January 3, 2016

Life Lessons from my Teenage Son.

Mother and Son

Having a teenager can be painful. It is a stage that many parents dread.

My son, now 14 and on the cusp of being a man, seemed to be an infant just yesterday. We have always been close and this sudden pulling away—that is par for the course of the teen years—is nothing short of painful for me. I long for the child who would rather be in my lap than anywhere else in the world.

Parenting a teen is also a challenge for the self-esteem. The work of the teenage years is to question the world and that includes questioning the lives that their parents have chosen. There is not a part of my life that I don’t feel is under scrutiny by my own child right now and it is humbling.

This journey, so newly minted but already life changing, has caused me to reflect on my own life.

I remember myself as a teenager, feeling many of the same emotions that my son is experiencing now. I hated conformity…the very idea of working a passionless job simply for a paycheck and the idea of ever being a minivan driving suburban mom. I critiqued my parents endlessly and vowed to never live a similar life.

Well, life has a way of coming full circle and here I am as an adult having worked several jobs that had no passion but a steady paycheck, forced to conform during my nine to five by corporate America and driving an SUV (the modern day minivan) from one child’s activity to another. It has me wondering if I have sold out underneath the weight of my own ideals.

So while these questions that are being asked by my son are often painful to me in their intense scrutiny, I have to ask myself if there is value for us all in the social rebellion of youth. I believe there is. This time feels like a new beginning for both him and me—a time for discussion, honesty and the beginning of a lifelong relationship not of a mother and child, but of one equal to another.

I’m not going to lie and tell you that this burgeoning period of separation hasn’t led me to cry into my pillow silently most nights because it’s been a tough few months. However, I never want to be the mother who never learns from her children. If these 14 years of motherhood have taught me anything it is that we have far more to learn from our children than we could ever teach them. I never have wanted a life lived robotically each day without self-reflection. I think the grunt work of being a working mom of three children has often forced me into a life that is not always consciously lived, but is just surviving the day.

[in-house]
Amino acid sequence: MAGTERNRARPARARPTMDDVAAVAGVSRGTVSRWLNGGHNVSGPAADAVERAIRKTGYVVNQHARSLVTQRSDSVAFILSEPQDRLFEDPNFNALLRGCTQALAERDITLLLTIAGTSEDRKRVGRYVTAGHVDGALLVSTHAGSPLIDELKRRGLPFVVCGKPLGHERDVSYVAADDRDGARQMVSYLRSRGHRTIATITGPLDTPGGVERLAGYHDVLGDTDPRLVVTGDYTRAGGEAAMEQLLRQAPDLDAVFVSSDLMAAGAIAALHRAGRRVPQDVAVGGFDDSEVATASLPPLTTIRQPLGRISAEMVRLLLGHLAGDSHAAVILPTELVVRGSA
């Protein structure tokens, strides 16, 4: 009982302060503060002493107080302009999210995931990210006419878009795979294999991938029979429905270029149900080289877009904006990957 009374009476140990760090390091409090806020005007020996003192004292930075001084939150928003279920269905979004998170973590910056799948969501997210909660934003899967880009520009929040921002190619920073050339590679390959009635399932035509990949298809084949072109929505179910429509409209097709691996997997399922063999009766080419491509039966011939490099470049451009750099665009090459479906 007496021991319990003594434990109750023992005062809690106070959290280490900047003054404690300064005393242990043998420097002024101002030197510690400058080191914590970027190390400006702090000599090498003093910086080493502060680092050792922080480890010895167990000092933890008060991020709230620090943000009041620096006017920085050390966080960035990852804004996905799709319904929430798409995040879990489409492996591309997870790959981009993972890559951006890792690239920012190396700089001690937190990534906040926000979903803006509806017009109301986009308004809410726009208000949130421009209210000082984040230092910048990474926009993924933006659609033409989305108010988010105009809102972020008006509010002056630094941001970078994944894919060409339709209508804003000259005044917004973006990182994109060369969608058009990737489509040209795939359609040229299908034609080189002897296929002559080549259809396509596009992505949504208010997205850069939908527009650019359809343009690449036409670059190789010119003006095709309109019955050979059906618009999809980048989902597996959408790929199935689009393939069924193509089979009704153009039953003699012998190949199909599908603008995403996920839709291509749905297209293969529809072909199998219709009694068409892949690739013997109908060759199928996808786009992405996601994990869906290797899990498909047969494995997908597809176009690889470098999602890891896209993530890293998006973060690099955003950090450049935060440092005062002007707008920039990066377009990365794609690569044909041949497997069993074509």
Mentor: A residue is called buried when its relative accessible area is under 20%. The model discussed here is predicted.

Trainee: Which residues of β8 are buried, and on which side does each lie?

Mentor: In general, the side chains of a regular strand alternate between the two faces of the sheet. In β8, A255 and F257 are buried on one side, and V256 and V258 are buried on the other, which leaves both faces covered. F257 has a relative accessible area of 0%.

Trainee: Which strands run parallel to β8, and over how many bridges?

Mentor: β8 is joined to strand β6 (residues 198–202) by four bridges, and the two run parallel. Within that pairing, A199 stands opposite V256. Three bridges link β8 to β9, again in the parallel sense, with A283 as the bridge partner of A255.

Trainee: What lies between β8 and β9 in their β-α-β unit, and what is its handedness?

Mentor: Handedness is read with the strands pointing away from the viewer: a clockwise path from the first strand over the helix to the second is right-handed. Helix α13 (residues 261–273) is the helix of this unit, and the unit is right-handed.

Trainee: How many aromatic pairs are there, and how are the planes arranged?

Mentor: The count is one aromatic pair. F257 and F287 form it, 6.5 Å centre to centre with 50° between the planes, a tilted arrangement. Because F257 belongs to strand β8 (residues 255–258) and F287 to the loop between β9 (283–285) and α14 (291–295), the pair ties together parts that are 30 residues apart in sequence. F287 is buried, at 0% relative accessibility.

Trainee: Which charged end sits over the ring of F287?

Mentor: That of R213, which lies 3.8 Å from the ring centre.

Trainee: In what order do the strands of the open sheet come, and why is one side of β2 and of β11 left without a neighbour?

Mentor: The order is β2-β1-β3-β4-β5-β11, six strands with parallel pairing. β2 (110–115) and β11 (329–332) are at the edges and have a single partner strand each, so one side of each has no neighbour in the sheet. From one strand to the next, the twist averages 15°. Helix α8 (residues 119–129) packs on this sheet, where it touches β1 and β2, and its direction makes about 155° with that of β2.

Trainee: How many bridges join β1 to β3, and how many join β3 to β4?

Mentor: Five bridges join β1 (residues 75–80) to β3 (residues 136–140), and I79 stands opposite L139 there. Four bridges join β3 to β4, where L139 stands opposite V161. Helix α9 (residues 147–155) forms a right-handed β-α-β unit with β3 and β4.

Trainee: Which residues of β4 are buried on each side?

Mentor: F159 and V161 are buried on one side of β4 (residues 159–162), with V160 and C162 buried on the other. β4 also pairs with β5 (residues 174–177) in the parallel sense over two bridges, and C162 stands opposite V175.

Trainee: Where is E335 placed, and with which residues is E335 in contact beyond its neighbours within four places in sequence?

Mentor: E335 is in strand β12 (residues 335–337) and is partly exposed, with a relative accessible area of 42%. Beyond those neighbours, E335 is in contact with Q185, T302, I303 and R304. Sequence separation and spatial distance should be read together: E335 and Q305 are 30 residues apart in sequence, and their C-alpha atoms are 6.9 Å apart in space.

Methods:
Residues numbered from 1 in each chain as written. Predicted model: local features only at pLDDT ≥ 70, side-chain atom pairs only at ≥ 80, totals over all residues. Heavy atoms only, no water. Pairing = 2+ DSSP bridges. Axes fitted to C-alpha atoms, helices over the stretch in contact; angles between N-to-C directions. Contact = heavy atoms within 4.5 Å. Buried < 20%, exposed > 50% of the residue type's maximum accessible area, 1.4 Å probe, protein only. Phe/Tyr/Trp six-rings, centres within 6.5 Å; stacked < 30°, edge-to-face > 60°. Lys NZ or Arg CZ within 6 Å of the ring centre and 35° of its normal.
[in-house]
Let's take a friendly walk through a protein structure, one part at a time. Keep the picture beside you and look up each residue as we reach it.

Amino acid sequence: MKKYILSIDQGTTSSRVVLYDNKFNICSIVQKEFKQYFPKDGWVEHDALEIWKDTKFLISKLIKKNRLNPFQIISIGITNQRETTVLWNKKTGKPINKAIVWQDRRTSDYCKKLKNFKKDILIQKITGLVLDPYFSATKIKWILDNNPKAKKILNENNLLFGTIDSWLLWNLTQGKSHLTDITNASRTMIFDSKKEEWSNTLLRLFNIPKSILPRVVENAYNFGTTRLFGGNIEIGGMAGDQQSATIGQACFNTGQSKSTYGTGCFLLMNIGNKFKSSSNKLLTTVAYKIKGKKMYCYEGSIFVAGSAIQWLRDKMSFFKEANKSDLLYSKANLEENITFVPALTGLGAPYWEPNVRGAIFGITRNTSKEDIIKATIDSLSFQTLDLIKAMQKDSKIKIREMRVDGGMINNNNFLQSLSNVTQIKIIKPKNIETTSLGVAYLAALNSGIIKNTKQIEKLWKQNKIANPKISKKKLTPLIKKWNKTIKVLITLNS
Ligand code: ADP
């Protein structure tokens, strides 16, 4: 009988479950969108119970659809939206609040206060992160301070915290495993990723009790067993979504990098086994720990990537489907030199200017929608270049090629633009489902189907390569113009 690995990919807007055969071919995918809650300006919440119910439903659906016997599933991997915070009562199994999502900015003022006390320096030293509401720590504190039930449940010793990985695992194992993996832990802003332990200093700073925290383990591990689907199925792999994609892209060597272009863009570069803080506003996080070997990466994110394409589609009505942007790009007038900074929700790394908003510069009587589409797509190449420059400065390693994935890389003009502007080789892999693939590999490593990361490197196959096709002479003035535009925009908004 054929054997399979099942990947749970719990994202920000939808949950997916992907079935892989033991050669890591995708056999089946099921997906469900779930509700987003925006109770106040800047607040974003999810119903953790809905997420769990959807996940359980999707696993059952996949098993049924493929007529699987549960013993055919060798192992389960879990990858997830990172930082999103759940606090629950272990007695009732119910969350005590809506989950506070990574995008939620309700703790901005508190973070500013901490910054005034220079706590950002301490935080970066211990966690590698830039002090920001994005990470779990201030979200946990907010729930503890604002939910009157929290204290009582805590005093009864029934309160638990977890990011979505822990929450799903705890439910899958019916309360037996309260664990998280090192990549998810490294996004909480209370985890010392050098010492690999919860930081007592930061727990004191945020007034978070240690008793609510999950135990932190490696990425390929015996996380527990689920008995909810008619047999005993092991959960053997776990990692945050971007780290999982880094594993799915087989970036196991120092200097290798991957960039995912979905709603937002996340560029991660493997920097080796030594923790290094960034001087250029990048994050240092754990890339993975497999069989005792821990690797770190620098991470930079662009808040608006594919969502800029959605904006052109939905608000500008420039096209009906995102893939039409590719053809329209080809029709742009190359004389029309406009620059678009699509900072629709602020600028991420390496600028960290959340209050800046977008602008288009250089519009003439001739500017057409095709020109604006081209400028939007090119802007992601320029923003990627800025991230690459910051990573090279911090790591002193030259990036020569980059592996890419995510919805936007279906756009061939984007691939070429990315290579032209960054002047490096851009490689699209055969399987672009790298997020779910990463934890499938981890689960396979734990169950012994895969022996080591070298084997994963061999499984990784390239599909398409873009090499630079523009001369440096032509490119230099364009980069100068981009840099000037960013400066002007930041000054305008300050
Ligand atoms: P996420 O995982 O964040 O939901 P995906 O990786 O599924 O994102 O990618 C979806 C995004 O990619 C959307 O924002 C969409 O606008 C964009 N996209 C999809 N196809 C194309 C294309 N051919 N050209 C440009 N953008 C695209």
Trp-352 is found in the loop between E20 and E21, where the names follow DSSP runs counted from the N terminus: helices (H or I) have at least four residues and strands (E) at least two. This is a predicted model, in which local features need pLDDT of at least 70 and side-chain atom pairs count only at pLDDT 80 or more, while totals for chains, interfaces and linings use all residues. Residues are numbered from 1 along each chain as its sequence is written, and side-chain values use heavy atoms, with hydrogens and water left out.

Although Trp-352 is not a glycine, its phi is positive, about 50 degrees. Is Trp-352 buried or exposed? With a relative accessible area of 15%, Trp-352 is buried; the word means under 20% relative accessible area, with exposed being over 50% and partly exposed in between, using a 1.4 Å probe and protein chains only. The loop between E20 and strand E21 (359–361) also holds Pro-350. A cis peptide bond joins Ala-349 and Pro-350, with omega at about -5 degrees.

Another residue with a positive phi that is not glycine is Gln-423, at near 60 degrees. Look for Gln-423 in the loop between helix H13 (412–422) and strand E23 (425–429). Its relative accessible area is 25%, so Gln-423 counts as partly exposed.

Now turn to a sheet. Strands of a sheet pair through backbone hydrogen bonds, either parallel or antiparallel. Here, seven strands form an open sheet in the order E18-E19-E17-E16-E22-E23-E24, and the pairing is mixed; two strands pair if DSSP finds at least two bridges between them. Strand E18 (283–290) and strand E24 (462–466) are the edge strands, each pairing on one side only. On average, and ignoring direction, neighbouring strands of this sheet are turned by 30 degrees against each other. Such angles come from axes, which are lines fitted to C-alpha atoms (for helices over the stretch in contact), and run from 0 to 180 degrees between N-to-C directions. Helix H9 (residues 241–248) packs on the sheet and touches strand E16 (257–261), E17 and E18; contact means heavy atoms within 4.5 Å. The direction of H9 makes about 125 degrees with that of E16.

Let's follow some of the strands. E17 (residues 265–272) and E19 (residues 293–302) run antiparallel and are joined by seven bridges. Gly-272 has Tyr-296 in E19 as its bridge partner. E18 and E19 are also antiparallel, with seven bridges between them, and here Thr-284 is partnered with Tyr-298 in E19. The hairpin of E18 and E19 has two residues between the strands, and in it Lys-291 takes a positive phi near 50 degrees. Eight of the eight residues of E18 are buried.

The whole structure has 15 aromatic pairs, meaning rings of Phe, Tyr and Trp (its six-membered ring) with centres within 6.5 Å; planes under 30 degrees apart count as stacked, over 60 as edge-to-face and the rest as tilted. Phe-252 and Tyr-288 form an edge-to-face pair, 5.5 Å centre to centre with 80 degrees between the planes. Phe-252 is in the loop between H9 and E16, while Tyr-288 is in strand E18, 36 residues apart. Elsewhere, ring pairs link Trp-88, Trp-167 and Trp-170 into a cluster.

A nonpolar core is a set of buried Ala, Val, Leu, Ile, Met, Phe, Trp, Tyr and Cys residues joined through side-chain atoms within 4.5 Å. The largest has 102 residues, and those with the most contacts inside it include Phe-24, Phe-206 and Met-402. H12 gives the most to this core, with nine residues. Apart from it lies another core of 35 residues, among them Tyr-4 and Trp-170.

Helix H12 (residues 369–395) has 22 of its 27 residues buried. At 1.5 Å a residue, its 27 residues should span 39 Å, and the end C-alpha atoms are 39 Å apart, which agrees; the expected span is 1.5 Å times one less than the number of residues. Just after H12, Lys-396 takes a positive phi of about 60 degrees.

My son has reminded me of the life of passion that I’ve always yearned to live every day.

There is value in the painful sting of the barbs that our teenage children sometimes throw at us. It is a time to remind our children of the value of kindness to others even when we disagree. It is also a time for us to be reminded of the person that we once dreamed of being and to reflect on what our current dreams are beyond the daily grind and beyond being parents.

I am reminded daily that my son will not be in my home for much longer. It makes me want to make the best of everyday that he sleeps safely under the same roof as me. It also makes me want to find that passionate teenage girl inside myself that still exists inside this adult body and dust off some old dreams.

I honor my son’s reflection and rebellion—it is necessary to find his way in the world. I also know that the struggle of this time has little to do with me, even as his general abhorrence of me sometimes burns my heart. In honoring this time in his life, I also honor the questions that have come bubbling up in my own life. Yet again, I find myself stepping back from teaching my children in order to sit and absorb the lessons that their teen years have to give me.

Beyond the tears and the pain of this time, I am grateful for the lessons that the teen years have to give me all of these years after my own teenage days have passed.



Relephant Read:

Life Lessons we can Learn from Children.

Author: Amanda Redhead

Apprentice Editor: Lois Person/Editor: Catherine Monkman

Image: Tobias Koepe/Flickr

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